Sunday, December 03, 2017

How to Answer Some Questions About God and Morality

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Fort Street Presbyterian Church, Detroit

(Especially for my Redeemer family.)

This morning at Redeemer I preached on God and Morality. I answered two questions.

1) Where does morality come from?

2) How do we know what is right and what is wrong?

The answers are, briefly:

1) From God. God, in his essence, is good.

2) Persons are made in the image of God. God has placed his Goodness-DNA in us.

Thus, moral values are objective (outside of us), not subjective.

I mentioned some objections. Here they are. I'm going to point you in a direction, so you can respond to these objections.

Some say morality comes from our evolving to believe in moral values. But even if this is true, it is irrelevant to the matter of the values themselves; viz., are there moral facts? Are certain moral values true? Is it really wrong, e.g., to sexually harass people? Is racism wrong, objectively (i.e., for everyone, whether they believe it or not)? To think evolutionary theory weighs in on the truth or falsity of moral values is to commit the genetic fallacy

Some think moral values are relative. A moral value may be "true for you, but not for me." This commits the subjectivist fallacy

Some think we just invent moral values. If there is no God, then of course we're just making up these things. But if God exists (as I believe), then we have reason to believe moral values are objective, and discovered (rather than invented) by us. Further, if moral values are only invented, then I have no moral reason to follow the values you have invented.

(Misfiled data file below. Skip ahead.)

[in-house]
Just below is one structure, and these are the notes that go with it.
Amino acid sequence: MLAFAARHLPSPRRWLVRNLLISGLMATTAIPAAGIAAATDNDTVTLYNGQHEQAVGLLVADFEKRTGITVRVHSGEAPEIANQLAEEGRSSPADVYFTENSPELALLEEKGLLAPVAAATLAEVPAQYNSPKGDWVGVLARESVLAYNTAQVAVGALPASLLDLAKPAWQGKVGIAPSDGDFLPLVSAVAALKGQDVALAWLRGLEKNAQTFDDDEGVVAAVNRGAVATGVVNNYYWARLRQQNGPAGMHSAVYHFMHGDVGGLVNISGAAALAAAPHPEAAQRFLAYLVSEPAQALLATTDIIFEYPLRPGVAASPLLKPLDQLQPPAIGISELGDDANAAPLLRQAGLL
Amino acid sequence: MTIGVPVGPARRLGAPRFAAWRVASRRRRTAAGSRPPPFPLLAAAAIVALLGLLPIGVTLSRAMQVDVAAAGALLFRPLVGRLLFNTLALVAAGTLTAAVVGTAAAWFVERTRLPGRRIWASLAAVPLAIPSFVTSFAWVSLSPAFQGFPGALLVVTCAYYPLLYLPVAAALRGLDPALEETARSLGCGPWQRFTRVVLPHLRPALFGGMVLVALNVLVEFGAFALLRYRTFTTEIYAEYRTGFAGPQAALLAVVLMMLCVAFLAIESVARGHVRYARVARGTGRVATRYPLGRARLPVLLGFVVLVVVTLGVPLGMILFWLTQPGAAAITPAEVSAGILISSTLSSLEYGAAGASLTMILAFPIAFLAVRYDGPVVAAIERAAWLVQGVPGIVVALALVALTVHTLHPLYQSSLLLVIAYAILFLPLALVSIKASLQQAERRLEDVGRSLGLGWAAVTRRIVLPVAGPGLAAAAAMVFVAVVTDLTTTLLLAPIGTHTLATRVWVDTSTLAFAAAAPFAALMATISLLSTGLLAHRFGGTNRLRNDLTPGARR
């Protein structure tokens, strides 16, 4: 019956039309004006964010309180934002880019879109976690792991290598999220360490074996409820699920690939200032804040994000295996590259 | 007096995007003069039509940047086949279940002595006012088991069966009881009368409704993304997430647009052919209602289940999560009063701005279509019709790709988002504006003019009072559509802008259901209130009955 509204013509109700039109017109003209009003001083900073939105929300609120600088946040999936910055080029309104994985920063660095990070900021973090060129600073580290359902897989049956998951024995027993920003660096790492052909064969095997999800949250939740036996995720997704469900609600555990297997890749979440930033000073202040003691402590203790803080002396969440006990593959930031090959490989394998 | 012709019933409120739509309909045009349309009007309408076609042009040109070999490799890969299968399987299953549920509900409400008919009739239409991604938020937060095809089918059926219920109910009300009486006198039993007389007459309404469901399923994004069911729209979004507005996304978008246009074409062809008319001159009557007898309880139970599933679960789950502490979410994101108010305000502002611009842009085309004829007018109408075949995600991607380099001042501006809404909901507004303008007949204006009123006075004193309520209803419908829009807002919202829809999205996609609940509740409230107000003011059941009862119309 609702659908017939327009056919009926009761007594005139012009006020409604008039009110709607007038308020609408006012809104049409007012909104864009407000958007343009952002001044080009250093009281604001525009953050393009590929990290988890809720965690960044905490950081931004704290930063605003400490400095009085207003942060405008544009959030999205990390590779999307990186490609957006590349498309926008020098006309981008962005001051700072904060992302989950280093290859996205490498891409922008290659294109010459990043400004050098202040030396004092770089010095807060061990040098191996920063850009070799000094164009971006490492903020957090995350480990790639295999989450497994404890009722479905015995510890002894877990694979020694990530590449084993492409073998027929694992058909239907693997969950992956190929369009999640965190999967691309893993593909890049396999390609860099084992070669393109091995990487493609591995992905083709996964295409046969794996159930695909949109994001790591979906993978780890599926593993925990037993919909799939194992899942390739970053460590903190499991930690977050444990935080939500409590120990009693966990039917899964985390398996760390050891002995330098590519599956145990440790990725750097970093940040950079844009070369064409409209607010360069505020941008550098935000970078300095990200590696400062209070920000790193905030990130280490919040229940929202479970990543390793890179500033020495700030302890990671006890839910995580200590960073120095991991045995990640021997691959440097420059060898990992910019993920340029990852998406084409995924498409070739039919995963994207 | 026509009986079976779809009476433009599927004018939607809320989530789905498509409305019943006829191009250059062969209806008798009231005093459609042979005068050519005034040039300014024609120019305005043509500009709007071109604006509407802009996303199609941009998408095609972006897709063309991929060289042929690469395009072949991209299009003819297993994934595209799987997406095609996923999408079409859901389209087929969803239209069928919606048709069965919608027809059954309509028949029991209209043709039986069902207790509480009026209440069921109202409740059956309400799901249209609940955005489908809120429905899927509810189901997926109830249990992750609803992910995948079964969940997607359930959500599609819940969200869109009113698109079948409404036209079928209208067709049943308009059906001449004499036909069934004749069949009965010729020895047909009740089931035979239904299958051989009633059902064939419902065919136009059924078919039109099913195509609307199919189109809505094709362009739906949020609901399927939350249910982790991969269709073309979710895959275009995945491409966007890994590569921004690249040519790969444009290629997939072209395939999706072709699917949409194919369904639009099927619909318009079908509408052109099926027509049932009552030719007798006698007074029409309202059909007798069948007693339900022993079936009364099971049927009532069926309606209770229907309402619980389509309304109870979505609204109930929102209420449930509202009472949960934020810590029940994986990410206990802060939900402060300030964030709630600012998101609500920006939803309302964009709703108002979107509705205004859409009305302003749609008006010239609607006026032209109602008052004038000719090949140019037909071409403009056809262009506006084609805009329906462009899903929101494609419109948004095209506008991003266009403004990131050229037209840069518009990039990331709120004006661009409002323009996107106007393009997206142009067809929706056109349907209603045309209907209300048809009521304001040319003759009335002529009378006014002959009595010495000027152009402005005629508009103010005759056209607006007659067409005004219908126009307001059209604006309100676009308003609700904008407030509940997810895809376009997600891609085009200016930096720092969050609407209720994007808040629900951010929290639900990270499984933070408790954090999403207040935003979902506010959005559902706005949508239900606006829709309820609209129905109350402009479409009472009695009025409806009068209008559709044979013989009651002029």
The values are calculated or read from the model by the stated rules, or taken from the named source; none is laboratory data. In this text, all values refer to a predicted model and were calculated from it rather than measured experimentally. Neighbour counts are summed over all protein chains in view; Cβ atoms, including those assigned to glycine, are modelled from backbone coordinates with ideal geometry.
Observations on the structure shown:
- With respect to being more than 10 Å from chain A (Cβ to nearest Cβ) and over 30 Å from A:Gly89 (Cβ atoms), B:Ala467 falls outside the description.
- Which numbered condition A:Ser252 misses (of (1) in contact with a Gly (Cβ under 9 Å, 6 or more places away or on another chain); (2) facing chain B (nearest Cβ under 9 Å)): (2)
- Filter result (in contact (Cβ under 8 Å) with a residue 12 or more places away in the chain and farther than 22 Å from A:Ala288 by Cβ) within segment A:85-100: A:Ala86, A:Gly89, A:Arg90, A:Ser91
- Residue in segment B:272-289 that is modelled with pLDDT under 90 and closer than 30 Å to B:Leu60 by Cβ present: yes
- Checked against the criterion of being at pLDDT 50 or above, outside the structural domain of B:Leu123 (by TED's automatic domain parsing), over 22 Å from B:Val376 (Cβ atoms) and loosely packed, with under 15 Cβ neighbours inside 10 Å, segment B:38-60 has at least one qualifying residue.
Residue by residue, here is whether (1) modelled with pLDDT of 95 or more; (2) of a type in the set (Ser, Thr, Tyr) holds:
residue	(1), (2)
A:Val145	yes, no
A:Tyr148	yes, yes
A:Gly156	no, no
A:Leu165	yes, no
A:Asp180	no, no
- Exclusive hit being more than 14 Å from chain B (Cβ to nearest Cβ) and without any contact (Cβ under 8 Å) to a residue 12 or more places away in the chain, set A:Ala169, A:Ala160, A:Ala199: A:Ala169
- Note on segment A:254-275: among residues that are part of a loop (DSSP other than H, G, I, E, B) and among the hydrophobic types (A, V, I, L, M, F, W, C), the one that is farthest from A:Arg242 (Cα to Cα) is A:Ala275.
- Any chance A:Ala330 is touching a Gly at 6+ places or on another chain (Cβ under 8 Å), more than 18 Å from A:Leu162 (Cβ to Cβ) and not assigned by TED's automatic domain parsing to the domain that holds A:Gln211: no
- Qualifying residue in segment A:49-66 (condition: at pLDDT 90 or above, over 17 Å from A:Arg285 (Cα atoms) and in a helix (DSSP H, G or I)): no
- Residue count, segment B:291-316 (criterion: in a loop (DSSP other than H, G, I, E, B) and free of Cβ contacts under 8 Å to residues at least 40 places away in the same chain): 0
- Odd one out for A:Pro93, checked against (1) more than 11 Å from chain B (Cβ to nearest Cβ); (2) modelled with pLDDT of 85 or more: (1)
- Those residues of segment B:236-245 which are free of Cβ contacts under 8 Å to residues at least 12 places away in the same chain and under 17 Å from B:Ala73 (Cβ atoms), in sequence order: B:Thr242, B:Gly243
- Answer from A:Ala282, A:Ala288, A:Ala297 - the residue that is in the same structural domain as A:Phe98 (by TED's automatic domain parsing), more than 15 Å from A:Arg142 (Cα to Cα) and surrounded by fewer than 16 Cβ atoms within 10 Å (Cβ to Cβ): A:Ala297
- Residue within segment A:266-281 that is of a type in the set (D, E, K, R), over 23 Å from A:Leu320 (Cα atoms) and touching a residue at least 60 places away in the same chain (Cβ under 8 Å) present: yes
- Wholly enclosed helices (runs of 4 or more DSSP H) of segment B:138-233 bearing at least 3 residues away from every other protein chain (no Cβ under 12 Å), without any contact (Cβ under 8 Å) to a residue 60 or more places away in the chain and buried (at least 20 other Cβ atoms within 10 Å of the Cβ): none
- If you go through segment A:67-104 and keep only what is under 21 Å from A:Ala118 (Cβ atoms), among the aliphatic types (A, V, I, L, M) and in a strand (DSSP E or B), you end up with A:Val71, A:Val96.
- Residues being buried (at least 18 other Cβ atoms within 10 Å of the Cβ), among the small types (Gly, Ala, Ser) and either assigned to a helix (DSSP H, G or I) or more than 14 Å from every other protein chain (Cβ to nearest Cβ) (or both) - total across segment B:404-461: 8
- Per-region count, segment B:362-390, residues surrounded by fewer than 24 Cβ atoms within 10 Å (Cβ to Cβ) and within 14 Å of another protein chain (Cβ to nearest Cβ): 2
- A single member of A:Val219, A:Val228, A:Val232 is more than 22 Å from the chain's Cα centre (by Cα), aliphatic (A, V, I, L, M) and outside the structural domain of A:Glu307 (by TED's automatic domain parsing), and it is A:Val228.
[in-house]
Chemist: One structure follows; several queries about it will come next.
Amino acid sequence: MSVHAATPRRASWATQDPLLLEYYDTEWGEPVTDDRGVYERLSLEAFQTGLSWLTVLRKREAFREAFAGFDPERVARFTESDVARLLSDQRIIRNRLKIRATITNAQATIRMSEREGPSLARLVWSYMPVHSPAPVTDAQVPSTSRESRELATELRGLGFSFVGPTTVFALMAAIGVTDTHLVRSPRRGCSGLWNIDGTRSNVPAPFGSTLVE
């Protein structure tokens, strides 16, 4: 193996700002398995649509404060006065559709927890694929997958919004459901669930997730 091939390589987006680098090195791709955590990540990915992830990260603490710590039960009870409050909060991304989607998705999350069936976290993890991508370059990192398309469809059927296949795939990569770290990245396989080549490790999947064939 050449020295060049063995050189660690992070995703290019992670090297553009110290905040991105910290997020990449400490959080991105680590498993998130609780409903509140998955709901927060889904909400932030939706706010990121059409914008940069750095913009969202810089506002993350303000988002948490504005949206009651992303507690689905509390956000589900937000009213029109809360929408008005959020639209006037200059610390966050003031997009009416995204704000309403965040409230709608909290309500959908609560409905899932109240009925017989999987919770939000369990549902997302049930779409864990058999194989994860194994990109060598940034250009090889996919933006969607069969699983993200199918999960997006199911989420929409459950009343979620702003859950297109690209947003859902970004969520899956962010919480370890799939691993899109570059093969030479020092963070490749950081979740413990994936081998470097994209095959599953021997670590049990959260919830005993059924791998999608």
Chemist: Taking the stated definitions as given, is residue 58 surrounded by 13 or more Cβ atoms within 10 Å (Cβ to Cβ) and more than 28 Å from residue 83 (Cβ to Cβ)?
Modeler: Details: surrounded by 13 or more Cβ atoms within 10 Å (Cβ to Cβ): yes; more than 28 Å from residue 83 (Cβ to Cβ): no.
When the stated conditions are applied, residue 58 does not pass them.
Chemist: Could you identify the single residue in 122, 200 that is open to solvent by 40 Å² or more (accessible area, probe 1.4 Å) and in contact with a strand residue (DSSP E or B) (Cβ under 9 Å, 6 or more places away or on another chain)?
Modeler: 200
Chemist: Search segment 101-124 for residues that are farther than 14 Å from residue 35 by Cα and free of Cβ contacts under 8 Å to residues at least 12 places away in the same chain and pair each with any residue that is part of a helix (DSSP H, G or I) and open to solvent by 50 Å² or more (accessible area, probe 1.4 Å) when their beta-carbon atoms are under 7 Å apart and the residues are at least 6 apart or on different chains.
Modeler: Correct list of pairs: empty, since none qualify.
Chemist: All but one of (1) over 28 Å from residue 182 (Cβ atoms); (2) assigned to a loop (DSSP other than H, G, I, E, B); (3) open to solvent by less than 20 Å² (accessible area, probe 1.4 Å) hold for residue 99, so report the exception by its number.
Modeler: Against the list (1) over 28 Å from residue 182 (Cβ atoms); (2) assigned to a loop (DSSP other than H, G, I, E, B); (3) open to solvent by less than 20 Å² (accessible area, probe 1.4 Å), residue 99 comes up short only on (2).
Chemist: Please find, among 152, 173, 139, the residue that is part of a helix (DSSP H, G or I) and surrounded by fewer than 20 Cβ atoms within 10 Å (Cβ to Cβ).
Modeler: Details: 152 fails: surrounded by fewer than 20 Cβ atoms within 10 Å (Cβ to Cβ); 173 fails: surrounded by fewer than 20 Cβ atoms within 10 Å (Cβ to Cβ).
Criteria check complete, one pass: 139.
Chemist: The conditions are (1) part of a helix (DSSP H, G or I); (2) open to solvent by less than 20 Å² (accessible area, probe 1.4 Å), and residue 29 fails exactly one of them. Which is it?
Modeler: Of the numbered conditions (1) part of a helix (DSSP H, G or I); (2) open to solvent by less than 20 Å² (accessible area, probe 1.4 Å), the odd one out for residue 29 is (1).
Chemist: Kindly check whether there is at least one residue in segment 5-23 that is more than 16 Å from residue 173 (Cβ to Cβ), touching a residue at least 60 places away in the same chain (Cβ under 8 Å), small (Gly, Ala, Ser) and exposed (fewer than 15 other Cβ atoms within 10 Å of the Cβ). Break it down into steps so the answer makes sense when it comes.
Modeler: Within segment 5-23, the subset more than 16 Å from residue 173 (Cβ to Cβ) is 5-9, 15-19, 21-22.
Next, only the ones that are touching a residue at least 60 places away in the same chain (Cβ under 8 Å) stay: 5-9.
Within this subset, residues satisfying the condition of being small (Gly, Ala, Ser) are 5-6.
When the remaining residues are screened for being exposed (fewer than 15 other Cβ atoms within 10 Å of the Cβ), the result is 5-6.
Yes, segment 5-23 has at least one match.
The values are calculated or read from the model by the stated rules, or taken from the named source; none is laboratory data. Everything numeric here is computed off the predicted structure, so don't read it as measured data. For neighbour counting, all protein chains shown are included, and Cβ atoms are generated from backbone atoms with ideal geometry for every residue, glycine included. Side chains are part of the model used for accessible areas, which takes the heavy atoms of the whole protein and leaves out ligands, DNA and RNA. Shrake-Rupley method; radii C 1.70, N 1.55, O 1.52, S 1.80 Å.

Some say we believe certain moral values because we have been taught them. This reasoning commits the genetic fallacy. How we came to believe that Raping little girls for fun is morally wrong is irrelevant to the truth value of this moral claim.

For more on the matter of objective moral values, see these resources.

Paul Copan, True for You, but Not for Me.

Copan, The Moral Argument for God's Existence.

David Baggett and Jerry Walls, Good God: The Theistic Foundations of Morality.

William Lane Craig, "The Indispensability of Theological Metaethical Foundations for Morality."

And, tune in to my Facebook Live presentation of "The Moral Argument for God's Existence" this Tuesday, Dec. 5, 9-10 PM. (Become a FB friend to watch it.)

On Sunday morning I made the claim that God is, essentially, Goodness. But some might object, pointing to the "God of the Old Testament" as not being, it seems, good. How do we respond to this? Here are some resources.

Is God a Moral Monster? #1